Wednesday’s Benghazi hearing of the House Oversight and Government Reform Committee gave Americans the first public eyewitness account from anyone actually on the ground in Libya on September 11, 2012.
Gregory Hicks, the former number two at the U.S. embassy in Tripoli, walked committee members through that fateful night. The testimony of the witnesses was totally gripping, extraordinary, and very emotional. Even if some of this account had already been made public, hearing it live was nothing less than tragic.
Unbelievably, it took eight months for this hearing to happen. Credit goes to the great courage of the three witnesses—Hicks, Mark Thompson, who leads State’s Foreign Emergency Support Team (FEST), and Eric Nordstrom, former regional security officer for the Middle East. And credit also goes to the persistence of committee chairman Darrell Issa (R–CA) to shine a light on the terrorist attack that took the lives of four brave Americans, including Ambassador Christopher Stevens.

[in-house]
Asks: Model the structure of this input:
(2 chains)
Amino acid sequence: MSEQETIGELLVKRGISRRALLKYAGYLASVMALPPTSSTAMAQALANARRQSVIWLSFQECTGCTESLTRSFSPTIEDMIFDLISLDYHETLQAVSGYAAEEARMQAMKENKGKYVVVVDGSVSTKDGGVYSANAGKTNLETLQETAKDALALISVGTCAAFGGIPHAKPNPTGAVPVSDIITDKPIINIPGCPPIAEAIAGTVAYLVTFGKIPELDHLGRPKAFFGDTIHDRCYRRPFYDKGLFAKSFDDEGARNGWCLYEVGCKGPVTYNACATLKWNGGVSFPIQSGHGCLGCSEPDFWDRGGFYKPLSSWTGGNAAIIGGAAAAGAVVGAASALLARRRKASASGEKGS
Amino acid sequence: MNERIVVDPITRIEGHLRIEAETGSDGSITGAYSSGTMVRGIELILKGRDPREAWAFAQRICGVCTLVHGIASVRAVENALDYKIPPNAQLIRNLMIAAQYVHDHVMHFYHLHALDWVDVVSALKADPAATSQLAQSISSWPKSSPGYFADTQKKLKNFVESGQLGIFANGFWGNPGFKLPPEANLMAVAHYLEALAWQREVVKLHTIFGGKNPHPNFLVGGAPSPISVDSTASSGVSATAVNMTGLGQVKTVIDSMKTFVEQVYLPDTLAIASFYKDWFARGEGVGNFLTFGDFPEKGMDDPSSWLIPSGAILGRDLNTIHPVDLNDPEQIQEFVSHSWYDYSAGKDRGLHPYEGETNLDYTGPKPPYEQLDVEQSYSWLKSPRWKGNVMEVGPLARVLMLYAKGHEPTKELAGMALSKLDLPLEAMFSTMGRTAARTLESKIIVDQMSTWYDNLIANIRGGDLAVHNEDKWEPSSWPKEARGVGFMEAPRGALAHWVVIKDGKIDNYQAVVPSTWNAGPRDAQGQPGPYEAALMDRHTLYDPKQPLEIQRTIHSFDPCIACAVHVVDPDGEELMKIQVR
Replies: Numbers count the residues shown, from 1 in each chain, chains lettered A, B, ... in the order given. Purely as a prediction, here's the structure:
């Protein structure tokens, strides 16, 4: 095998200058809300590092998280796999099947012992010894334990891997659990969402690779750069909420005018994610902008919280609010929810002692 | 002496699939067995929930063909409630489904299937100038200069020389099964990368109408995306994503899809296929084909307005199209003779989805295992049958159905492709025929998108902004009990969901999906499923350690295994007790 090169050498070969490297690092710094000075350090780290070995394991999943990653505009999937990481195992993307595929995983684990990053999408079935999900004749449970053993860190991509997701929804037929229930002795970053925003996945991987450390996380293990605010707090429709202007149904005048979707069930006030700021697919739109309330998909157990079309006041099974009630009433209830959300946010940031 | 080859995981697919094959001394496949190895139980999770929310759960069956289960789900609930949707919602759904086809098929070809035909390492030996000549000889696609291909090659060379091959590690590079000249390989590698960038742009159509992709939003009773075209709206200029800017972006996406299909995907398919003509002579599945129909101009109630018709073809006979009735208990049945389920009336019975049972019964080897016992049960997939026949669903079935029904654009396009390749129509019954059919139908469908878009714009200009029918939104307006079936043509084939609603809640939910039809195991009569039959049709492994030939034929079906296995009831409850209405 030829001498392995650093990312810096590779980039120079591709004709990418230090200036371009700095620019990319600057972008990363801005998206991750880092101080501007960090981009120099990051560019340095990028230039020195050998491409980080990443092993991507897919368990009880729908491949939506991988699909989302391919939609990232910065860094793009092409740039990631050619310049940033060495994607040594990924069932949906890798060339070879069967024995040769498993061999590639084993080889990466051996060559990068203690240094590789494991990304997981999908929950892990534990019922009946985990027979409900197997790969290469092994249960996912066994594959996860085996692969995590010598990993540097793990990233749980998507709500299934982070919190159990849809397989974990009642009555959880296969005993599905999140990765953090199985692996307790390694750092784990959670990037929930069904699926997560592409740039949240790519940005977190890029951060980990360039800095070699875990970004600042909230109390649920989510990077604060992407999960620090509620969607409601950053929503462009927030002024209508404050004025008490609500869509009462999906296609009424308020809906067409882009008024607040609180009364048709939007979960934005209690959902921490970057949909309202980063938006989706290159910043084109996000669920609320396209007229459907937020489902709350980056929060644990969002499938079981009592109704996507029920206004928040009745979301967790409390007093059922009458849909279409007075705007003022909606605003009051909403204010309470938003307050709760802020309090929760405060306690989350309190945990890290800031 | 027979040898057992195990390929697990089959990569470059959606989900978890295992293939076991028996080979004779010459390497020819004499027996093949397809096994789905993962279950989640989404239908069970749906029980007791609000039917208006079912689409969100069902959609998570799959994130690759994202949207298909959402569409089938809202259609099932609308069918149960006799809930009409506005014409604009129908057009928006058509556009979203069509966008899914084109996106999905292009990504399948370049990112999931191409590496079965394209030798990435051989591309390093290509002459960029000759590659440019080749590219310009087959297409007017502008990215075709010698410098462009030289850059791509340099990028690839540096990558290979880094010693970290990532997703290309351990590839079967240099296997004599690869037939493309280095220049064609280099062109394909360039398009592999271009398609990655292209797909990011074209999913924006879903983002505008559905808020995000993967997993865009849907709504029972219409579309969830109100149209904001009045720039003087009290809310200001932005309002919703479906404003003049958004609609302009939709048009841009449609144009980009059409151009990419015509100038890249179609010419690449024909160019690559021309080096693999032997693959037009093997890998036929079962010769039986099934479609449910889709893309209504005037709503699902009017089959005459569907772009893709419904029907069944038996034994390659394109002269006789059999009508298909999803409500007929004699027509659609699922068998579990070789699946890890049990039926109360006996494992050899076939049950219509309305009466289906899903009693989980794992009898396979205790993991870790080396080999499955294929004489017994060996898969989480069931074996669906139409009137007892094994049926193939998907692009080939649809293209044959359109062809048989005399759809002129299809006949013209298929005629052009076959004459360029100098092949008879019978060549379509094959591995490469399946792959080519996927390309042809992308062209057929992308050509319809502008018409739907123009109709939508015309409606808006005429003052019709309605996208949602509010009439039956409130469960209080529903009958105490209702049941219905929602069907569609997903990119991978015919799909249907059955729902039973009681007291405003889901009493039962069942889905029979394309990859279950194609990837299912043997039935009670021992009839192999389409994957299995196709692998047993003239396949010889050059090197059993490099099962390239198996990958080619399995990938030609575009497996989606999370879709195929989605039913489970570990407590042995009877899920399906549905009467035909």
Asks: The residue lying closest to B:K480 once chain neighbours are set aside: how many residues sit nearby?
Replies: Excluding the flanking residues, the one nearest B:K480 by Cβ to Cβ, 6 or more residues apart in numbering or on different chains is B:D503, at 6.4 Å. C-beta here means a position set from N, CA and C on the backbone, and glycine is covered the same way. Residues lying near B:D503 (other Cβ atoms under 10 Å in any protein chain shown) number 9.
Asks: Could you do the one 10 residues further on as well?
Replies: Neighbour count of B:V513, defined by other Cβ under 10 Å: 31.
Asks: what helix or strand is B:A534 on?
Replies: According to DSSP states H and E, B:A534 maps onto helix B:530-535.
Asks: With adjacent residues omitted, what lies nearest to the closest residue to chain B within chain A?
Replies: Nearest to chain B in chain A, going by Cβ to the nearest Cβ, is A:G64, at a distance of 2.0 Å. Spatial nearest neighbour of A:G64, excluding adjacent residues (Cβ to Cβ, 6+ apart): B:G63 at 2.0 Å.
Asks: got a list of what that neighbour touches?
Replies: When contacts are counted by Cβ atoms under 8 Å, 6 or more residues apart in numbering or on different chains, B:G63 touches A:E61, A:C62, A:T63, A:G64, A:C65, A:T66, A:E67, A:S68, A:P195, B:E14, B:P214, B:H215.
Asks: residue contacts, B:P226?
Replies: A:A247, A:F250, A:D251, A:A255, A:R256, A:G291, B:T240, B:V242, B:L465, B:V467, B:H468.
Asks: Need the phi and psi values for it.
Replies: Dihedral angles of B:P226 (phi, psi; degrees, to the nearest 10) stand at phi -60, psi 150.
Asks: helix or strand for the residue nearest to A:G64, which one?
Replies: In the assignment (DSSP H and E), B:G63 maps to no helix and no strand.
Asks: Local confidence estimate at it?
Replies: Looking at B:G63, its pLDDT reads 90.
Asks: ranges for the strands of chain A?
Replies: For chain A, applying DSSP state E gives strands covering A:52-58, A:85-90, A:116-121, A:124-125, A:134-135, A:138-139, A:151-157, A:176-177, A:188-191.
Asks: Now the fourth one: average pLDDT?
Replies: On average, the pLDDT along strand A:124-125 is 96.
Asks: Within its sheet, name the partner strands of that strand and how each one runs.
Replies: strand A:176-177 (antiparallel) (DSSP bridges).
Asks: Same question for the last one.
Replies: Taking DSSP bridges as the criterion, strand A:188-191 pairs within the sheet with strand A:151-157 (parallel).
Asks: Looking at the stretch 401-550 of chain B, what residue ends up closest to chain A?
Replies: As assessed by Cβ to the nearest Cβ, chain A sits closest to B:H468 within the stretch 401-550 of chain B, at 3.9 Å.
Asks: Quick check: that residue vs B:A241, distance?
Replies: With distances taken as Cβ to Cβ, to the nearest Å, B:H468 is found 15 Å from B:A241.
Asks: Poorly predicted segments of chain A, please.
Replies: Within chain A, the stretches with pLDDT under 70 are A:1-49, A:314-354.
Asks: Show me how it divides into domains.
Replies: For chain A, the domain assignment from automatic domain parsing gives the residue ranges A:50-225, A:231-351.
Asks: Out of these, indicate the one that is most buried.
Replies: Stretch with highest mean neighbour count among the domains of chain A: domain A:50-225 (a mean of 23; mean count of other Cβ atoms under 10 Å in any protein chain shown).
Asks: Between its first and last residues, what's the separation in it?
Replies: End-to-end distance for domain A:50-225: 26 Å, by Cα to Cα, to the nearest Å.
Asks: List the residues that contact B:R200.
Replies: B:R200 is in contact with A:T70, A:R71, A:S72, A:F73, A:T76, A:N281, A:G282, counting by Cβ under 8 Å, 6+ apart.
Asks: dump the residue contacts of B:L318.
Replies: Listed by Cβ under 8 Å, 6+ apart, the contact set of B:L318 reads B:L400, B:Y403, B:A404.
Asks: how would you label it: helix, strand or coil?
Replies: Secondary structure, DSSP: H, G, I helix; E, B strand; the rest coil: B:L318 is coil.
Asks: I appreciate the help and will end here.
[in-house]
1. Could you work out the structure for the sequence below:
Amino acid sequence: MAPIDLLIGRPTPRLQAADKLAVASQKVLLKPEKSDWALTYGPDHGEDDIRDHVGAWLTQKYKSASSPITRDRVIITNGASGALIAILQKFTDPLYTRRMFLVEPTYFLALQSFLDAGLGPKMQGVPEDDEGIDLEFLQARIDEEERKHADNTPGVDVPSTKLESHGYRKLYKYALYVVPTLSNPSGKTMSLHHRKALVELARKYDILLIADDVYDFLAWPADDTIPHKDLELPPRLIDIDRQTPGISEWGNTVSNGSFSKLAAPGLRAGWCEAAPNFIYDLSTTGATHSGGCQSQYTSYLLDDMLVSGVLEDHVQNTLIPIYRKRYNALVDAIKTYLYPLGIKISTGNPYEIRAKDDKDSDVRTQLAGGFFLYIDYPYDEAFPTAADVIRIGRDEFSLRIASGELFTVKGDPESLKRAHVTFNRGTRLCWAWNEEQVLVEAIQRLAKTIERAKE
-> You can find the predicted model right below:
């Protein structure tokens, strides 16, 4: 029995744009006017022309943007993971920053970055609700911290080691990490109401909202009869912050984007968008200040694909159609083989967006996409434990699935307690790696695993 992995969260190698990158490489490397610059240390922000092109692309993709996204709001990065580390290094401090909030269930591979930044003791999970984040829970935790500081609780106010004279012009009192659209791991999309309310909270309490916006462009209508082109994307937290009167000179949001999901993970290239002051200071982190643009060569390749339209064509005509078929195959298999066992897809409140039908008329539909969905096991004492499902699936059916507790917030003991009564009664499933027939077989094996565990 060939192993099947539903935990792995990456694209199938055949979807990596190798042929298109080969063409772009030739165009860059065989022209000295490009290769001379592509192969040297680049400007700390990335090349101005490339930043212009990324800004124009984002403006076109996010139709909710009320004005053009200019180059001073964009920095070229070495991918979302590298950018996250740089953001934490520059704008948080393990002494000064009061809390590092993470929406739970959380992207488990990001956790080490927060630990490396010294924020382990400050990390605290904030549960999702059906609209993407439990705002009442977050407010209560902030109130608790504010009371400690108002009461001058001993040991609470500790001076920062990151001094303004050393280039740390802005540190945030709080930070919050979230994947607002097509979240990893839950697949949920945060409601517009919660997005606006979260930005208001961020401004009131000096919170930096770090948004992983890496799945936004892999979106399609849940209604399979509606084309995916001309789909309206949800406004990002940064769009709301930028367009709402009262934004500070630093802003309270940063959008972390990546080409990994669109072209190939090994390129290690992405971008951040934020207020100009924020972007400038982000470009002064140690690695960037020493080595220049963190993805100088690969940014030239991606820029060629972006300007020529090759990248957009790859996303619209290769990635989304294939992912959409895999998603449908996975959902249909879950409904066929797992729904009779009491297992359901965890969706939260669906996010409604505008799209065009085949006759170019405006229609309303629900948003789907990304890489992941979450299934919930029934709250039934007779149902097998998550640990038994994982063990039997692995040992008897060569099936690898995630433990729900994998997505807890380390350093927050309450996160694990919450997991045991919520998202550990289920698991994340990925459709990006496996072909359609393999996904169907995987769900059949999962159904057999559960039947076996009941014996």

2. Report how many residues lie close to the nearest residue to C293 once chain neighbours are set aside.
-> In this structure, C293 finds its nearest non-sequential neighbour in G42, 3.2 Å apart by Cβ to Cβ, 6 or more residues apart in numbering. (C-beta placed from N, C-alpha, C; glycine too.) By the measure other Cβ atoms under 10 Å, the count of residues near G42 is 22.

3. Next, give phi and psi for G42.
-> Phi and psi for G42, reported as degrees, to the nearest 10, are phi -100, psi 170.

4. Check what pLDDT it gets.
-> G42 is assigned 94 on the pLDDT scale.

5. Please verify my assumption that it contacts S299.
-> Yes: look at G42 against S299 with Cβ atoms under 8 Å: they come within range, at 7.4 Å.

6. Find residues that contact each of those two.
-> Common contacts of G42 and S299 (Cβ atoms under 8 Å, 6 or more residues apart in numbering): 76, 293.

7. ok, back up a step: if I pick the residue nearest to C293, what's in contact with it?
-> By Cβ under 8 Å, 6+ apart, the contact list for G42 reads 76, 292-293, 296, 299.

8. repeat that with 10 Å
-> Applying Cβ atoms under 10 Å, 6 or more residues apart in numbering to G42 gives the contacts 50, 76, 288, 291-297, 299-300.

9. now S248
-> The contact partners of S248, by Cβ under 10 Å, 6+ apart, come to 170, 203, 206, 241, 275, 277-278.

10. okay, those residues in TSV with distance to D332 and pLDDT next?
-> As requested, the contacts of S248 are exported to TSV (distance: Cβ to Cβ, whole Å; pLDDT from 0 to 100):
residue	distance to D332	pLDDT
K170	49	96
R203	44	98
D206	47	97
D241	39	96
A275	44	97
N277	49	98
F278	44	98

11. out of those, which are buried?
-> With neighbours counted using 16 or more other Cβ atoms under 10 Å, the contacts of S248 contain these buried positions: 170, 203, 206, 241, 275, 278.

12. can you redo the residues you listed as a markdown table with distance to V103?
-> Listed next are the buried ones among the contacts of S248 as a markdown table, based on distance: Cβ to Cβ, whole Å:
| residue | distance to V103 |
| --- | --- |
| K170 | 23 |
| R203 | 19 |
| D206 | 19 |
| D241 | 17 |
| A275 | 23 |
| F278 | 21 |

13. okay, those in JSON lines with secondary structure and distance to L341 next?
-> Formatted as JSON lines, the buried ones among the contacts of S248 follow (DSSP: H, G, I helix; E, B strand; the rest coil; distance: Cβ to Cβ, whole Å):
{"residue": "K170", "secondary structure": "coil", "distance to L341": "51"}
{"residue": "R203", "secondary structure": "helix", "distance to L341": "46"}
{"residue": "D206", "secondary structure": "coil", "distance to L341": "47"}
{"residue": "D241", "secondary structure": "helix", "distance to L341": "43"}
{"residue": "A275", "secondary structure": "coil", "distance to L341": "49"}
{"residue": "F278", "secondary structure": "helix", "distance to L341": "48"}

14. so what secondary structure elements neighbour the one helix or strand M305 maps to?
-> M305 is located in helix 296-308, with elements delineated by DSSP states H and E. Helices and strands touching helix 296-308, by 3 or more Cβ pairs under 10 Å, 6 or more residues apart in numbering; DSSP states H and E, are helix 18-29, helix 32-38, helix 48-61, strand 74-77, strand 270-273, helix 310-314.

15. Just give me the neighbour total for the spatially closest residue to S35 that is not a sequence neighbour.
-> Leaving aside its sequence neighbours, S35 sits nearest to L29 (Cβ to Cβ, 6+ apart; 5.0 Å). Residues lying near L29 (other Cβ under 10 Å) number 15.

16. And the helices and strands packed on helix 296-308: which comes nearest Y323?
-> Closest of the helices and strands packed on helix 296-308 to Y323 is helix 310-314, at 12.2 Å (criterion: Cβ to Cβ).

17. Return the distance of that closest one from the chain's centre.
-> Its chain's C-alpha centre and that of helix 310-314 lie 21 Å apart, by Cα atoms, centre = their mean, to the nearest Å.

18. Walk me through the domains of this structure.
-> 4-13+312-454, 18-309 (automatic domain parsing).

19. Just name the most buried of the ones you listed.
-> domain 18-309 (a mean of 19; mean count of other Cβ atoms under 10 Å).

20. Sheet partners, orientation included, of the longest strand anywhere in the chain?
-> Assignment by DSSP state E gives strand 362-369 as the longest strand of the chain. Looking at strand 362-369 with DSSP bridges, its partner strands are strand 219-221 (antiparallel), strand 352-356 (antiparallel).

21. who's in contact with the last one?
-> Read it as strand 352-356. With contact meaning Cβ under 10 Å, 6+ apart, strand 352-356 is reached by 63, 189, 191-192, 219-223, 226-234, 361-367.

Most impressive were the glaring contrasts contained in the testimony. Hicks’s on-the-ground testimony shows both the glaring inadequacy of Washington’s response and the heroic efforts of the embassy and CIA teams on the ground in Libya. Both aspects of this case should be explored.